The Court of Appeal also cited authorities to the effect that "The rule will not be applied where the evidence discloses that the injury might have occurred by reason of the concurrent negligence of two or more persons or causes, one of which was not under the management and control of the defendant".
Plaintiffs did not offer any affirmative evidence of any fact or circumstance tending to establish fault or negligence by National, and there is no evidence to show that Mrs. Pilie was at fault. She stated that she did not know what caused the bottles to fall, and the proof does not even suggest any cause for their falling.
In their application for writs plaintiffs presented the question of law to this court thus:
"There is only one question of law involved and that is whether or not the unexplained fall of several 6-bottle cartons of Coca Cola from a display in a grocery store and supermarket, which fall results in injuries to a business guest of that establishment, is a proper case for the application of the doctrine of res ipsa loquitur as to the proprietor of such establishment."
Dispensing with the Latin words, we can restate their argument thus:
"There is only one question of law involved and that is whether or not the unexplained fall of several 6-bottle cartons of Coca Cola from a display in a grocery store and supermarket, which fall results in injuries to a business guest of that establishment, logically gives rise to the inference that the negligence of the proprietor caused the accident which produced plaintiff's injuries."
"* * * This doctrine [res ipsa loquitur] is a qualification of the general rule that negligence is not to be presumed but must always be affirmatively proved, and therefore should be sparingly applied, and only in exceptional cases where the demands of justice make that application essential. * * *"
In Larkin v. State Farm Mutual Automobile Ins. Co., 233 La. 544, 97 So.2d 389 (1957), a case involving a collision between two private automobiles, the plaintiff sought to invoke the doctrine of res ipsa loquitur. This court there reviewed and discussed the jurisprudence of this court and of the Courts of Appeal, that of other states, and the works of textwriters and scholars on the meaning of the maxim "res ipsa loquitur", its application, and instances where though invoked the doctrine has no application. In that case, which is recognized as a landmark case in this state on the subject, we said:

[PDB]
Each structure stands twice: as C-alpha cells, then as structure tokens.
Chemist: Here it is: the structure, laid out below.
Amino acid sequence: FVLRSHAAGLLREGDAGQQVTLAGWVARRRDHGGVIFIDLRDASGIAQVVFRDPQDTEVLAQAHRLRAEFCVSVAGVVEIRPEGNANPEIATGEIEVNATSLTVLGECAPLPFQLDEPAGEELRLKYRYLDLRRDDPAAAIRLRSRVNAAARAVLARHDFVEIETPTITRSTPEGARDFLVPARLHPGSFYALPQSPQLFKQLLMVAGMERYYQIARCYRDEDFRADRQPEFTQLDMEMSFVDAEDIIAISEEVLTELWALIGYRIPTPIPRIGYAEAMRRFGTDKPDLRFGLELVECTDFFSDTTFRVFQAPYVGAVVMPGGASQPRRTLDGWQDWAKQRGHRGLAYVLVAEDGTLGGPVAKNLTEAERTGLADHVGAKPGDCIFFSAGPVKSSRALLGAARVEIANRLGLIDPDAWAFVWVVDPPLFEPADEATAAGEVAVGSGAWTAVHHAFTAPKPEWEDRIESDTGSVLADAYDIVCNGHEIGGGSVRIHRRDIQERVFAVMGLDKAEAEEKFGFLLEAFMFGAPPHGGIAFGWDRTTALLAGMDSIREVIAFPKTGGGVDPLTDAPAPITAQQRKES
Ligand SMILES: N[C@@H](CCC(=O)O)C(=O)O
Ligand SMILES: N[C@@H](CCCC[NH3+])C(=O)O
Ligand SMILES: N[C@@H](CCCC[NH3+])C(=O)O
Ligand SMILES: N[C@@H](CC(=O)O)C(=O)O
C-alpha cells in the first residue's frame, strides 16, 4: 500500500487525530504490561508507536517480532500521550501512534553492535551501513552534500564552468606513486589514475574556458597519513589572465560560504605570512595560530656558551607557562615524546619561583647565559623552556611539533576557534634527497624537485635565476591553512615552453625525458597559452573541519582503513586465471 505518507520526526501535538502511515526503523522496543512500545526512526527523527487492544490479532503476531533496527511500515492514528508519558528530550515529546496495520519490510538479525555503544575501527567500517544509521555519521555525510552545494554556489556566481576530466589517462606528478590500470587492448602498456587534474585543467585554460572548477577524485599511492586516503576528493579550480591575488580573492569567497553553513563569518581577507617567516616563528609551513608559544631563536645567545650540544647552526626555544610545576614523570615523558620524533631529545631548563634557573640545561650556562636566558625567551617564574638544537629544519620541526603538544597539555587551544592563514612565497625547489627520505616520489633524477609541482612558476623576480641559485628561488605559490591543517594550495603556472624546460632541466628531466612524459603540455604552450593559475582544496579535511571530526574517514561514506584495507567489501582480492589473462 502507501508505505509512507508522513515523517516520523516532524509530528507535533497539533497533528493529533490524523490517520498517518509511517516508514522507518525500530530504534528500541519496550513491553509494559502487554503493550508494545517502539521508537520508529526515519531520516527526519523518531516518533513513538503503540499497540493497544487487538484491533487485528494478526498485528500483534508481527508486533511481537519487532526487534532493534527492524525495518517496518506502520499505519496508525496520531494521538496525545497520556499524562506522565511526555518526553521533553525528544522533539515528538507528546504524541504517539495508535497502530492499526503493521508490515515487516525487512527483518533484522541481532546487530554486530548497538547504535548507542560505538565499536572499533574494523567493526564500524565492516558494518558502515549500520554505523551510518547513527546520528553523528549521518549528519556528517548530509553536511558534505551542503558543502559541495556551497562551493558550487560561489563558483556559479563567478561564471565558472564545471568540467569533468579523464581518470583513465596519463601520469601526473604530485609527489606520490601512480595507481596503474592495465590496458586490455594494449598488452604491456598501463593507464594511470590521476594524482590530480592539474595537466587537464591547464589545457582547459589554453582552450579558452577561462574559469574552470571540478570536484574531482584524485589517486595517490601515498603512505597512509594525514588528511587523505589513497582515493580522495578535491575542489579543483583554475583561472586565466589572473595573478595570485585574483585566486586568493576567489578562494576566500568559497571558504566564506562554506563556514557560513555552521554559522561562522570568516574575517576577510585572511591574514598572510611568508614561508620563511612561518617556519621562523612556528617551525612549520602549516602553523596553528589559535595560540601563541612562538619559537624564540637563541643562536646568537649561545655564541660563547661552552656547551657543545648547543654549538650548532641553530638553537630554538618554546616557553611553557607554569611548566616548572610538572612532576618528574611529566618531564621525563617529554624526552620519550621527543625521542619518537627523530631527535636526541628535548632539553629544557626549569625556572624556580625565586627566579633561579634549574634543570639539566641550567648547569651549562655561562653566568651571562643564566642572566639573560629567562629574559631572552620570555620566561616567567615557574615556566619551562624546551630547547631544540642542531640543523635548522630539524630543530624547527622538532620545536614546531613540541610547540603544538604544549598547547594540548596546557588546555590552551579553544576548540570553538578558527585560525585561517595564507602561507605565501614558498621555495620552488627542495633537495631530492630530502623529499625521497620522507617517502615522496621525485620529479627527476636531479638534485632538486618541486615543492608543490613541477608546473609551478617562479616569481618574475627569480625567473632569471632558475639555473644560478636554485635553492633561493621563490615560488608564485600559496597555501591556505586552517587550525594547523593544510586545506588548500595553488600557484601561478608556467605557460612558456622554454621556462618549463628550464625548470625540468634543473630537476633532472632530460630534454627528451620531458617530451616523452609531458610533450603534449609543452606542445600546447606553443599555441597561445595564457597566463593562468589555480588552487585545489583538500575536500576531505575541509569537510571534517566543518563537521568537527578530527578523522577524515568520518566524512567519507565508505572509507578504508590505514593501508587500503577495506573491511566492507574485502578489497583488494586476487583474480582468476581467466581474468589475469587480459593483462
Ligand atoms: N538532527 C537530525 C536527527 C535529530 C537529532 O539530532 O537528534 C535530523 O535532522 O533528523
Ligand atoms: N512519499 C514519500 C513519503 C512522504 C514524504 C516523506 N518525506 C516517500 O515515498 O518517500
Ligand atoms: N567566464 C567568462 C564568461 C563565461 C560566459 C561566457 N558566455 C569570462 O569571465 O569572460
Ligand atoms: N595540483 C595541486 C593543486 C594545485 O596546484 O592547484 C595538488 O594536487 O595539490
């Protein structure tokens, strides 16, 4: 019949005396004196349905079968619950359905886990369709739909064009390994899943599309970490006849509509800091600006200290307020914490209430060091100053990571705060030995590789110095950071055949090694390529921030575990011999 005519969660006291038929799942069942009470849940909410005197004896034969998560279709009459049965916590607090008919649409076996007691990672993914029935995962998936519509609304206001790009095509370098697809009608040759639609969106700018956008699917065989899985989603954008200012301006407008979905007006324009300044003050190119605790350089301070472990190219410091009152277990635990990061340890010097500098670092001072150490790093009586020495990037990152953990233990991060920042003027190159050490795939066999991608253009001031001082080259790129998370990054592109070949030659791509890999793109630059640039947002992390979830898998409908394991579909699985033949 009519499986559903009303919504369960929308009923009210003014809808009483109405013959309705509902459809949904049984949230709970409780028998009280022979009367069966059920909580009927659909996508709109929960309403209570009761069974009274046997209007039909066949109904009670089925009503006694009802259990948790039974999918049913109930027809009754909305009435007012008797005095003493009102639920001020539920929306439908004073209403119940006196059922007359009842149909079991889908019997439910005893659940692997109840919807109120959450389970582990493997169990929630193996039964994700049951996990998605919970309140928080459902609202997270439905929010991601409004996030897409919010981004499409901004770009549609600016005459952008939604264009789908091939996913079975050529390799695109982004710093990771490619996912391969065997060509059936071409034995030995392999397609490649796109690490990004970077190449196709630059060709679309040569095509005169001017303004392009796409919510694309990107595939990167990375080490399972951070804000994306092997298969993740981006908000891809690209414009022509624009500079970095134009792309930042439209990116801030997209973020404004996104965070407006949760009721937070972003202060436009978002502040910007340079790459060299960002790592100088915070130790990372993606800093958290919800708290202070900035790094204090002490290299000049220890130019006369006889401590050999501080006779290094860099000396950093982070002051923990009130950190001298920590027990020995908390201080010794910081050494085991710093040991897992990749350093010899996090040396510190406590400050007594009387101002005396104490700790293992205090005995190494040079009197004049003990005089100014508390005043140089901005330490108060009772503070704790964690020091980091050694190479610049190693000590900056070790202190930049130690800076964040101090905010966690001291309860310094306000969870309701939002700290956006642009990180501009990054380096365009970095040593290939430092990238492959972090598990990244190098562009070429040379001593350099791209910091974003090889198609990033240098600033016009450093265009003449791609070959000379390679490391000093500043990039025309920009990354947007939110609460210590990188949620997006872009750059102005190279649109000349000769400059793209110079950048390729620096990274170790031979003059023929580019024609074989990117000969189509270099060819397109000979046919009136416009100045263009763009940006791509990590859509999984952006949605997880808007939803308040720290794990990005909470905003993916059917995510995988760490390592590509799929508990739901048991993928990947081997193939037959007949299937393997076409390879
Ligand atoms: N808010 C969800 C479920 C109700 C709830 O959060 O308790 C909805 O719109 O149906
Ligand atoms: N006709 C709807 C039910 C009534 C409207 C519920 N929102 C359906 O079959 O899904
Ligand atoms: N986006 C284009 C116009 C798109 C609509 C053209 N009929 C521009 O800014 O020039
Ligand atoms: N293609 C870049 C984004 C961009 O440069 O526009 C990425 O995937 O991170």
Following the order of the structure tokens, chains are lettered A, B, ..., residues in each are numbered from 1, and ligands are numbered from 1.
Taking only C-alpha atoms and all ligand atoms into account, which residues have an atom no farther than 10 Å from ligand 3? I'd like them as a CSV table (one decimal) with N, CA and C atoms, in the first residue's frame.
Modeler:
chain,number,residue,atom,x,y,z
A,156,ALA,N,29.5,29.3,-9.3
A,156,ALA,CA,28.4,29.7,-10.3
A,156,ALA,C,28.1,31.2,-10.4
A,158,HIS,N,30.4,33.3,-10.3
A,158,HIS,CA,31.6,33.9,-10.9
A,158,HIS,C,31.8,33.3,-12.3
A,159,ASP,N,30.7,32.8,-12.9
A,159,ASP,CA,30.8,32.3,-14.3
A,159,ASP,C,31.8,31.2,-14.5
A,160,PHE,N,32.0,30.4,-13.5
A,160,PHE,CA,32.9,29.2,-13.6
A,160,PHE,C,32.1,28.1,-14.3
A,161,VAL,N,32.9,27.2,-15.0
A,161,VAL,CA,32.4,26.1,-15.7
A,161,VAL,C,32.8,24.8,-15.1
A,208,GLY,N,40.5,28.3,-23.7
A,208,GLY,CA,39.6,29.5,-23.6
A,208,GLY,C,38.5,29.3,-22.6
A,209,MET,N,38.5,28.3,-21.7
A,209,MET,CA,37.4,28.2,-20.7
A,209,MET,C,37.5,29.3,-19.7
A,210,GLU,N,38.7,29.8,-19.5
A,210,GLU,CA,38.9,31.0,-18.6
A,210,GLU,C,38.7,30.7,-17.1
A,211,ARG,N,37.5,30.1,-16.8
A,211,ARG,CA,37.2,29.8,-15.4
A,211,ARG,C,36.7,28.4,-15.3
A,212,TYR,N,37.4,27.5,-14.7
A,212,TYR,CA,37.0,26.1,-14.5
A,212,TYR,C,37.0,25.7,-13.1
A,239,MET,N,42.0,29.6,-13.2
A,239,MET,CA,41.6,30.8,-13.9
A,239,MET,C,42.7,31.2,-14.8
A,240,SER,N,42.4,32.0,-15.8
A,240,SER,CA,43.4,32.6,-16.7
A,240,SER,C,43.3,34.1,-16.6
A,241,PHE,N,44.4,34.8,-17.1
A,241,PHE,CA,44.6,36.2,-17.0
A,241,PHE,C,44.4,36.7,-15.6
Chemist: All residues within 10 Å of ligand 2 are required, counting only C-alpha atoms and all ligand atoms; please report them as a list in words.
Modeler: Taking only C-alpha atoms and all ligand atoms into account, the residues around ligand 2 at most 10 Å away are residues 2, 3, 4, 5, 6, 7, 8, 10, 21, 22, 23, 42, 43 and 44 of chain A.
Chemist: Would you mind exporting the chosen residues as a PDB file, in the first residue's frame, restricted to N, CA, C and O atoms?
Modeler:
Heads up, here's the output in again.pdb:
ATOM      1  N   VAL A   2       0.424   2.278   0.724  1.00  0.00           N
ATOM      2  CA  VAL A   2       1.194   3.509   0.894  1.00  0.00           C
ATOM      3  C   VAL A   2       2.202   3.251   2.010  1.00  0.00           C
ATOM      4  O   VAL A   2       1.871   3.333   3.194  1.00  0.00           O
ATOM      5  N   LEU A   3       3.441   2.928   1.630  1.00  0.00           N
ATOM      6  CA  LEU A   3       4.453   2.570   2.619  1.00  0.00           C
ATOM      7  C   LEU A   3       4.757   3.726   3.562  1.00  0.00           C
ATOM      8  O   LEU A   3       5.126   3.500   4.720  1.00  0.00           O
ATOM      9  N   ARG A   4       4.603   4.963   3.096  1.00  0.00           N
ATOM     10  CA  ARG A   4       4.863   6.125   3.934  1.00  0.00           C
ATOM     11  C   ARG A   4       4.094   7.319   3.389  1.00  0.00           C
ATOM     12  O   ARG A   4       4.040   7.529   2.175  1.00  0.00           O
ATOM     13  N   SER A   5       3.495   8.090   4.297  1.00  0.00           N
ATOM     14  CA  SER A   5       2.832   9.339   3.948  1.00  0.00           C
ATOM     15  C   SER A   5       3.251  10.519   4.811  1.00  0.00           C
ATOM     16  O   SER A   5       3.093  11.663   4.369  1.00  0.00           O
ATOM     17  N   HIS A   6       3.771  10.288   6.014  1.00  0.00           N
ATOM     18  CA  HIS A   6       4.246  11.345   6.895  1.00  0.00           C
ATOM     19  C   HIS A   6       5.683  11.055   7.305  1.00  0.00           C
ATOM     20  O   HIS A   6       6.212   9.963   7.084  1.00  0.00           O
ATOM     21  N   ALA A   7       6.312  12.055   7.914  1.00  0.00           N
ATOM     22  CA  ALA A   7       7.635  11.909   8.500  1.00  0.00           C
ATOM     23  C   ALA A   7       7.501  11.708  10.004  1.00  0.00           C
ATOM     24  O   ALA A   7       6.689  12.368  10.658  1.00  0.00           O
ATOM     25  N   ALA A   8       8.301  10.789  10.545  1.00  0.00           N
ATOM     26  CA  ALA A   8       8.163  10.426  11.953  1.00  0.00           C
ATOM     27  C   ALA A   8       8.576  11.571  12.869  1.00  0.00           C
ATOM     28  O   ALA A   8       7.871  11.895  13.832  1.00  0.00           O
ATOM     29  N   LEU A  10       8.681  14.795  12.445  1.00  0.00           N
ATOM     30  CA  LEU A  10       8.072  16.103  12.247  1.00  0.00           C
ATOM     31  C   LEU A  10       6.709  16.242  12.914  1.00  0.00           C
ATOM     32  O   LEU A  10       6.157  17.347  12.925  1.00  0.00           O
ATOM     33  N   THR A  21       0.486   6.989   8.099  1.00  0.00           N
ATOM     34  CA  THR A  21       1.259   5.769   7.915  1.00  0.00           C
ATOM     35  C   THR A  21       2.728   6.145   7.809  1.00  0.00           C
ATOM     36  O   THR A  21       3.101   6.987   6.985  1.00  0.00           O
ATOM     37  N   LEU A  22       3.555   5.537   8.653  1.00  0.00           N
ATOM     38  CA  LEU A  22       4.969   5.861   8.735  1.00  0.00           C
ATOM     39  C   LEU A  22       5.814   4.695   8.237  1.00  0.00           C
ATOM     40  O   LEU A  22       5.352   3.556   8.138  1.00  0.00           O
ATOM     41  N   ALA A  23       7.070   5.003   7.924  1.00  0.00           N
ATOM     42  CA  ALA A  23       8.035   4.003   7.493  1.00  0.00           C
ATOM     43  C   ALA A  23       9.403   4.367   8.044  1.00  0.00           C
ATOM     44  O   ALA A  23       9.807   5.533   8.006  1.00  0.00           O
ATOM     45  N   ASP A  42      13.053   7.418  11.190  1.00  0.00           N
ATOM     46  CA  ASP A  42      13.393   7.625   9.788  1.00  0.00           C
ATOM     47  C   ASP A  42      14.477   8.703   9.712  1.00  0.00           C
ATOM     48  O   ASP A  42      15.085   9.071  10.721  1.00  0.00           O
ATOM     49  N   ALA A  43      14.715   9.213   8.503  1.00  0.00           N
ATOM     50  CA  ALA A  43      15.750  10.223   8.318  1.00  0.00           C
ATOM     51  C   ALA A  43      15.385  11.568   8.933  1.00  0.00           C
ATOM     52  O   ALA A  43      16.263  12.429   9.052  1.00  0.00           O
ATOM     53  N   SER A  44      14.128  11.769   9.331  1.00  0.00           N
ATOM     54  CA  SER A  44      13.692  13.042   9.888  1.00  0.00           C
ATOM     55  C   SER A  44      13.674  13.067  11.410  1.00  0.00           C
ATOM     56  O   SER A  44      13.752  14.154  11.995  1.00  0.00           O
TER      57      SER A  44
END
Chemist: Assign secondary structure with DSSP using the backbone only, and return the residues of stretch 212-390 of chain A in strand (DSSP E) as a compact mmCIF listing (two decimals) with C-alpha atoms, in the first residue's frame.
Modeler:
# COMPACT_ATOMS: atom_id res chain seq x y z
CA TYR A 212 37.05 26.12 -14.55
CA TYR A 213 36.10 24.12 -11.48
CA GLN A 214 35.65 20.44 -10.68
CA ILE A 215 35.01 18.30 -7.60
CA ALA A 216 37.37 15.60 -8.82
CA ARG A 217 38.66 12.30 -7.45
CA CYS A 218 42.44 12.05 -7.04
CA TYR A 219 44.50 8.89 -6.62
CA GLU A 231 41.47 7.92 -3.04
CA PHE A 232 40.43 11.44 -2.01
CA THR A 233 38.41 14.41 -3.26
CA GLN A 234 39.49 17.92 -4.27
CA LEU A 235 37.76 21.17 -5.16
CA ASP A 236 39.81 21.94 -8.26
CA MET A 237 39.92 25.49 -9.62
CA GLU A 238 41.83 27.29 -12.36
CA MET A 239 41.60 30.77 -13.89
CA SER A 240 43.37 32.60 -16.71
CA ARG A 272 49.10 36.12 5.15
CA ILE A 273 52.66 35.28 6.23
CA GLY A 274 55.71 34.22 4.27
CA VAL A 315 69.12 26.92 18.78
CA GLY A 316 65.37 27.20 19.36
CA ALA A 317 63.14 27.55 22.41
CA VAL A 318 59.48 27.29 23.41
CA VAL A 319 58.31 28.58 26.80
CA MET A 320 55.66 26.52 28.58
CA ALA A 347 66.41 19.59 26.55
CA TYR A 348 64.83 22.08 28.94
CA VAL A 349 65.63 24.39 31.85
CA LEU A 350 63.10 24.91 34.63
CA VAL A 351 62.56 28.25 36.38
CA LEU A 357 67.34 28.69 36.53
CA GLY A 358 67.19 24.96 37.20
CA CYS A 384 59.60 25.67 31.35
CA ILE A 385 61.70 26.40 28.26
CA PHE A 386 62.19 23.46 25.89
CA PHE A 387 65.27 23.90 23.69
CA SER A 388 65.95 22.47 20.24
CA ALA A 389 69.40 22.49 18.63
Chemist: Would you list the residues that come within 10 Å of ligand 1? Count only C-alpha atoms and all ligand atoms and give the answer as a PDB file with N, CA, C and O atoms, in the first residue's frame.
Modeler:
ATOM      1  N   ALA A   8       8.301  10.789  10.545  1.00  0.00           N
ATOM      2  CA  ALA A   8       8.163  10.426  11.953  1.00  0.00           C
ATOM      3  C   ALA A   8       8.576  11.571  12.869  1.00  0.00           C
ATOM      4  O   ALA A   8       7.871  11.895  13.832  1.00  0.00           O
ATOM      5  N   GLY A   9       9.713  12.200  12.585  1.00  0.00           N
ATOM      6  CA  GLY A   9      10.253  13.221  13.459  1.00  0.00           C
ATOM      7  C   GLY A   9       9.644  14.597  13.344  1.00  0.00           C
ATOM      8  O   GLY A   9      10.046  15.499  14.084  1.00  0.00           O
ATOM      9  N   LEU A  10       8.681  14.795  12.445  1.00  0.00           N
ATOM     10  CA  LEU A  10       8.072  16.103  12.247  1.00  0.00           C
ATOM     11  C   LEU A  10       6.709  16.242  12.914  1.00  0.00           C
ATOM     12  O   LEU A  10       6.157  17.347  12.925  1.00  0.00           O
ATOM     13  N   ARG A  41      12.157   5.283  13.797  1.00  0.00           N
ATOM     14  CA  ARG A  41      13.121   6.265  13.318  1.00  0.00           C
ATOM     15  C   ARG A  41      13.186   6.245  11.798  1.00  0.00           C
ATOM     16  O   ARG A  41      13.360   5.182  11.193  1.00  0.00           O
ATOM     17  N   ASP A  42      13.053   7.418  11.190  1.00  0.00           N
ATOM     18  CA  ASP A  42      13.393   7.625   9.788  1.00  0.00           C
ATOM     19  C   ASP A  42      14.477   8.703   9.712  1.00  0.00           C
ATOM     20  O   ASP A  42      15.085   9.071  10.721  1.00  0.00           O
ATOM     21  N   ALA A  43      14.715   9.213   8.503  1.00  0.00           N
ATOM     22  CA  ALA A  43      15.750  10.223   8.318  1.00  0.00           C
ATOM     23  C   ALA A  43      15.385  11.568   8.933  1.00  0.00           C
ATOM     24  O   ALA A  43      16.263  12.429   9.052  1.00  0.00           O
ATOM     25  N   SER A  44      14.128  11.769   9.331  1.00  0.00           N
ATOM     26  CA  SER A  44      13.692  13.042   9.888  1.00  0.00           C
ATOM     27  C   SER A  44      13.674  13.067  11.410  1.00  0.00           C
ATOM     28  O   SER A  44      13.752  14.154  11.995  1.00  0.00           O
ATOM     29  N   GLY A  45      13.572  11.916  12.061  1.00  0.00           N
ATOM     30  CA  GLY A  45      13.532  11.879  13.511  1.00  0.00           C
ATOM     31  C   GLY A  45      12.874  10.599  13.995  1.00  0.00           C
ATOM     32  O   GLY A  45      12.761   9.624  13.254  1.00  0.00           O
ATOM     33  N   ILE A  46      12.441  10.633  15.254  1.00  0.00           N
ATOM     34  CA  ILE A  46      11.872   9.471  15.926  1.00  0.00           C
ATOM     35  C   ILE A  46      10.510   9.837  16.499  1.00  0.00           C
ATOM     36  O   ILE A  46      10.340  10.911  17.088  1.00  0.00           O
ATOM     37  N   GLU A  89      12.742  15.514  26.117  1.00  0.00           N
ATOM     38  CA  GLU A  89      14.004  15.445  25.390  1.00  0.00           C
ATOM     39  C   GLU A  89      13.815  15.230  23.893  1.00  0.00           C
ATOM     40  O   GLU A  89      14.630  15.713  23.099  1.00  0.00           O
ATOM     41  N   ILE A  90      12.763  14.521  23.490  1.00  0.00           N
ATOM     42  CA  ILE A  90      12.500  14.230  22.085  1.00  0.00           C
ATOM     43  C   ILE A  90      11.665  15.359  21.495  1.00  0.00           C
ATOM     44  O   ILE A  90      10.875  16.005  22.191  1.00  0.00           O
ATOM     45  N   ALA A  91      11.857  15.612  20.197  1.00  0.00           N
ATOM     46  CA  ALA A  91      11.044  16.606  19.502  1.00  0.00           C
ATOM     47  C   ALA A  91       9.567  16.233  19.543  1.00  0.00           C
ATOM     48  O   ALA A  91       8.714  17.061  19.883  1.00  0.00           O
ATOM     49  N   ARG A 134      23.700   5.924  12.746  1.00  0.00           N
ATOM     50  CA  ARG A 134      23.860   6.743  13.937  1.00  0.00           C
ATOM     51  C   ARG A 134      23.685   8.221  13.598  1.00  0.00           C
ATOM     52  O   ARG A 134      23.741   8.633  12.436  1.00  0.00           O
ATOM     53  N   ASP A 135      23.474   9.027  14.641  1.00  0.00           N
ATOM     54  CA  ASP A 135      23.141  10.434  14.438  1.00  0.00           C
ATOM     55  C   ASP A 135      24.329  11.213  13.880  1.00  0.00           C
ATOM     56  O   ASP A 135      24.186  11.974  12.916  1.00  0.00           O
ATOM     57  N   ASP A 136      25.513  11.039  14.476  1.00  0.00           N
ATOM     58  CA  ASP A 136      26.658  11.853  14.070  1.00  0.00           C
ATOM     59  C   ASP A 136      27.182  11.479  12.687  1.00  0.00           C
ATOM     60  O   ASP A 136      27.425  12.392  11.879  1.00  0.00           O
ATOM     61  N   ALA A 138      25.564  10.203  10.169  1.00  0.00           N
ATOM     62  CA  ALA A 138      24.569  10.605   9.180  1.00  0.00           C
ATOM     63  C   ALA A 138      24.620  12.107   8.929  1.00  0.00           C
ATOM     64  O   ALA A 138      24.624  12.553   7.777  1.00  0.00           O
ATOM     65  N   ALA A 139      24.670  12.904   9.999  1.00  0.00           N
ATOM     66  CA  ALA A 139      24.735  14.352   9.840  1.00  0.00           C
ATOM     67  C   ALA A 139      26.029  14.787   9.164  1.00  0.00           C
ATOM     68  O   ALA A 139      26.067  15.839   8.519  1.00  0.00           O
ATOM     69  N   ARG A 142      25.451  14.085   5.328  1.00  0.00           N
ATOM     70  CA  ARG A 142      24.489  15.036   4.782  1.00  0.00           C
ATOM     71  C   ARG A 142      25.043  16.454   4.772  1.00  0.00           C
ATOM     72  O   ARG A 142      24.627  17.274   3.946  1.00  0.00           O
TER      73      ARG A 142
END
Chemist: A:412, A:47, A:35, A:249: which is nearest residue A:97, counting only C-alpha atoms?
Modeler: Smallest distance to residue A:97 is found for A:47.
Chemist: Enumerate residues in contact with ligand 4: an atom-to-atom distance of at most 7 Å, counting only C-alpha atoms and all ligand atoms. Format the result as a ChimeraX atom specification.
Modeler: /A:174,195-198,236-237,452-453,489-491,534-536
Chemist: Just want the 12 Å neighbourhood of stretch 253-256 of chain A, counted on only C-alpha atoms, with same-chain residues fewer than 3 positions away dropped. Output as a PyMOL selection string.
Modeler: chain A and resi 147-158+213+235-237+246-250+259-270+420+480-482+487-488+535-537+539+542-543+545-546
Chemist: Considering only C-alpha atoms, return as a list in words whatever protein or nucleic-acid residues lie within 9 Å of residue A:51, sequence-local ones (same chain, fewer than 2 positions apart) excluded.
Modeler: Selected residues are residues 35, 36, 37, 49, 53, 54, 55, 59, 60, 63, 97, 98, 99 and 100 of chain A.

"A determination of a proper instance for application of the principle of res ipsa loquitur has been the subject of volumes of discussion by learned jurists and legal scholars, who have been at pains to point out that the maxim means only that the facts of the occurrence warrant the inference of negligence, not that they compel such an inference * * *. * * * It is generally conceded that res ipsa loquitur in no way modifies the rule that negligence will not be presumed. The application of the rule does not, therefore, dispense with the necessity that the plaintiff prove negligence, but is simply a step in the process of such proof, permitting the plaintiff, in a proper case, to place in the scales, along with proof of the accident and enough of the attending circumstances to invoke the rule, an inference of negligence, thereby obtaining an advantage and placing on the defendant the burden of going forward with proof to offset that advantage. When all the evidence is in, the question is still whether the preponderance is with the plaintiff. All that is meant by res ipsa loquitur is that the circumstances involved in or connected with an accident are of such an unusual character as to justify, in the absence of other evidence bearing on the subject, the inference that the accident was due to the negligence of the one having control of the thing which caused the injury. This inference is not drawn merely because the thing speaks for itself, but because all of the circumstances surrounding the accident are of such a character that, unless an explanation can be given, the only fair and reasonable conclusion is that the accident was due to some omission of the defendant's duty.'
"* * *
"* * * In the case of Morales v. Employers' Liability Assur. Corp., 202 La. 755, 12 So.2d 804, this Court aptly stated: `It is the duty of the plaintiff to prove negligence affirmatively; and, while the inference allowed by the rule of res ipsa loquitur constitutes such proof, it is only where the circumstances leave no room for a different presumption that the rule applies. When it is shown that the accident might have happened as the result of one of two causes, the reason for the rule fails and it can not be invoked.' 202 La. at page 769, 12 So.2d at page 808." (Italics ours.)